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Elizabeth Bintliff: An Impossible Life Made Possible


Elizabeth Bintliff (right) and her friend Rashid in Sierra Leone. Photo courtesy of Heifer.

Heifer International's Vice President of Africa porgrams is an inspiring leader who teaches others from personal experience. As an African woman, she believes that women can lift themselves out of poverty – and agriculture can help. Bintliff is a renowned speaker and gave a moving speech at the recent Beyond Hunger event in Atlanta to celebrate Heifer's 70th anniversary.

Below is an excerpt of her thoughts:

An Impossible Life Made Possible

By Elizabeth Bintliff

Everything about my life should have been impossible. After all, I am an African woman, and the statistics about my demographic are not often encouraging. I was born and raised in Cameroon, West Africa, and named Elizabeth after both my grandmothers, who were illiterate. But it is to my maternal grandmother that I credit with much of the trajectory of my life. She was one of two wives, and though she could not read a word, she insisted that my mother—who was one of 14 children (most of whom were male)—be educated. What I know for sure is that if my mother had not been educated, I would not be educated and my life would have taken a different turn. That education led me to where I am now, the Vice President of Africa Programs at Heifer International. That should have been impossible too.

Heifer’s work focuses on small farmers both in the United States and worldwide. And when you are talking about small farmers, you are talking about women. According to the U.N., poor women worldwide produce up to 80% of food and have access to only 20% of resources and benefits for these products. Improving women's knowledge of nutrition and food safety can prevent illnesses, disabilities and premature deaths.

What poverty also means in places like Africa is that there is little or no access to potable water, and even less access to healthcare, education, fuel, influence and power. Because poverty is a mostly female phenomenon it is important that women be a part of finding the solutions. It is important that the women who have the voice, the influence, the resources, the leverage, apply all of those things to finding the solutions.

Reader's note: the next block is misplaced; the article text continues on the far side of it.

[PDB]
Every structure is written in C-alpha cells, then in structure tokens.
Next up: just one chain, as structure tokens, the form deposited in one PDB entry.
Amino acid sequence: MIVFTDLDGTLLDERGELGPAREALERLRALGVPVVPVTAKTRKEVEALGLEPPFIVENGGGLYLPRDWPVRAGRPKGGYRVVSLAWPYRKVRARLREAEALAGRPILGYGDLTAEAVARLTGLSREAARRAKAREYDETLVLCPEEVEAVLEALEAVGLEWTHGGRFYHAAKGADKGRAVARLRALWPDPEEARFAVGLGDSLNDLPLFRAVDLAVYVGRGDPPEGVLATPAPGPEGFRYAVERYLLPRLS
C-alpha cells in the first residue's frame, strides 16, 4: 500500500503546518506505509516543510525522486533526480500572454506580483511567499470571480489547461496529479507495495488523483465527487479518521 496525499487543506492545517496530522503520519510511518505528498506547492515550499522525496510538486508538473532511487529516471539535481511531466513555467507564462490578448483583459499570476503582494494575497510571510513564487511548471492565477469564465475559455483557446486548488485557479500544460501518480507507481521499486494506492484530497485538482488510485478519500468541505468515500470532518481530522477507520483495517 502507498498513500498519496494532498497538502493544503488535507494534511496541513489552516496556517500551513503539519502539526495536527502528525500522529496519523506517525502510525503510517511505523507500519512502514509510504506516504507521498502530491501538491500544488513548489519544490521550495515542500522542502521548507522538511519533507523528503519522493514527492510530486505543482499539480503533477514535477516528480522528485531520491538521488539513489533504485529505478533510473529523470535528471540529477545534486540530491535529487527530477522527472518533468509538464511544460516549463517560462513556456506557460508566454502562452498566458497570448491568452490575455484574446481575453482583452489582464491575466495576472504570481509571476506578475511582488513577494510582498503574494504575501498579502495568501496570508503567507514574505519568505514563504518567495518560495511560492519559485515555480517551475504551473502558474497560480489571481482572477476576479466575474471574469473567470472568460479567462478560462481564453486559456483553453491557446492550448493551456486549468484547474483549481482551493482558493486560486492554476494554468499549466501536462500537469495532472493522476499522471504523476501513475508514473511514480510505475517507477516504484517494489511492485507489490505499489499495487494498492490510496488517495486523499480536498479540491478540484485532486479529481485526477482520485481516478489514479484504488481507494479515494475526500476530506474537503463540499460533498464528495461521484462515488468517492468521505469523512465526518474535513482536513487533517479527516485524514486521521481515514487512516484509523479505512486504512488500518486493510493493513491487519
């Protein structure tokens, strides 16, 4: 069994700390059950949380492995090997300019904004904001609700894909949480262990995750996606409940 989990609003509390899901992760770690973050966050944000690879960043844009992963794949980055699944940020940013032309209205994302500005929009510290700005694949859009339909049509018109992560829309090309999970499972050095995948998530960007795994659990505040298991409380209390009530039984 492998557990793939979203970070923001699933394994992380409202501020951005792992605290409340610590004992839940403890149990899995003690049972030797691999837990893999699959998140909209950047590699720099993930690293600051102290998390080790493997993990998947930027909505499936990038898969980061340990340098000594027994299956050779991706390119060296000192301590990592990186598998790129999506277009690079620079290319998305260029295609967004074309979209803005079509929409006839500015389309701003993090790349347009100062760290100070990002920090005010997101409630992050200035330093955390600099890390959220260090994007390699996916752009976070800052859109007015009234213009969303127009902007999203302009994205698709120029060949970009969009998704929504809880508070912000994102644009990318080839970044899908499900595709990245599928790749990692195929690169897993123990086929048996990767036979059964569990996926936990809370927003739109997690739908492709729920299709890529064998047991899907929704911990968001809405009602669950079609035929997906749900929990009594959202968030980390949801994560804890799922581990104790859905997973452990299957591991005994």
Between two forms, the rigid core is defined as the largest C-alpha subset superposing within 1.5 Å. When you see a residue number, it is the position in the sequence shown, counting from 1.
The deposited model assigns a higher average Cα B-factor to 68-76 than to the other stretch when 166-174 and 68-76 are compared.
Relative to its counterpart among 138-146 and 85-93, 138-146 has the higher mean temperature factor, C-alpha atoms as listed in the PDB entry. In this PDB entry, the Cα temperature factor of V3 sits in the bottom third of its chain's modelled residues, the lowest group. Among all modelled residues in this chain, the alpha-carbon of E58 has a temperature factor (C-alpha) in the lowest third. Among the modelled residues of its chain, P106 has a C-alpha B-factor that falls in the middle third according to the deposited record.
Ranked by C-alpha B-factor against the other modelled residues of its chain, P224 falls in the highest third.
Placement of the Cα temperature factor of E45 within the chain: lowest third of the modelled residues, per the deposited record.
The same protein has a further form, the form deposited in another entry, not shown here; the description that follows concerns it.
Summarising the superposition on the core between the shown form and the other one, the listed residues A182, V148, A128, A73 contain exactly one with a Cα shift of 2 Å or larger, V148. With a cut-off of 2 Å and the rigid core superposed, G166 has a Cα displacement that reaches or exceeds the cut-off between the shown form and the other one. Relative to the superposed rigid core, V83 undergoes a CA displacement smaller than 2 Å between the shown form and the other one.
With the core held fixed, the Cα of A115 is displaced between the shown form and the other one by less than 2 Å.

I learned this lesson while on a trip to Sierra Leone. For one week we traveled from one end of the country to the other, on bad roads, crossing rivers where bridges didn’t exist. My colleague Rashid, the country director for Heifer there and who reports to me, accompanied me on the trip. Rashid comes from the Mandingo tribe: tall and imposing but one of the most gentle people I know. In each village we visited with groups of women that we had been working with. Most of them are farmers, growing just enough food every year on small pieces of land to feed their families. In every village Rashid introduced me as his boss, which elicited chuckles of disbelief from the women.

After the last visit, as we were leaving, one woman came up to me and touched my elbow timidly. I stopped and turned to her, wondering what she wanted to say to me. Shyly, she asked, “Is it true that you are his boss?” I was a little taken aback. I downplayed the importance of the hierarchy, explaining in local Krio that it was just a technicality. But when we got in the car Rashid, who had overheard the conversation explained his intention to me, “When I introduce you as my boss I do it deliberately. It’s very important that you don’t take it lightly. It may not be important to you, but it’s important to these women. Because for them to see a woman who is as young as you, the same color as them, the same background as them, having accomplished what you have and [to] be the boss of a man as big as me changes for them what is possible in their lives. Because the only difference between you and them is an education.”

That was an, ‘Aha!’ moment for me.

In an unintentional way I was inspiring change. Women are often inspired by other women. One way to inspire change for other women is to be an inspiration yourself.

Each of us women who has attained a certain level of success can point to an army of people or maybe just one person who gave us a chance; who gave us an opportunity; who believed in us; who was our cheerleader. We owe it to ourselves and to others to pass that on. Whether it is through our time, or our energy, our resources, our intellect or our voice. We need to do this because other young people—other young women—are watching us. We need to do it because mankind runs on the fuel of passion and service. And that is the kind of fuel that seldom, if ever, runs out.

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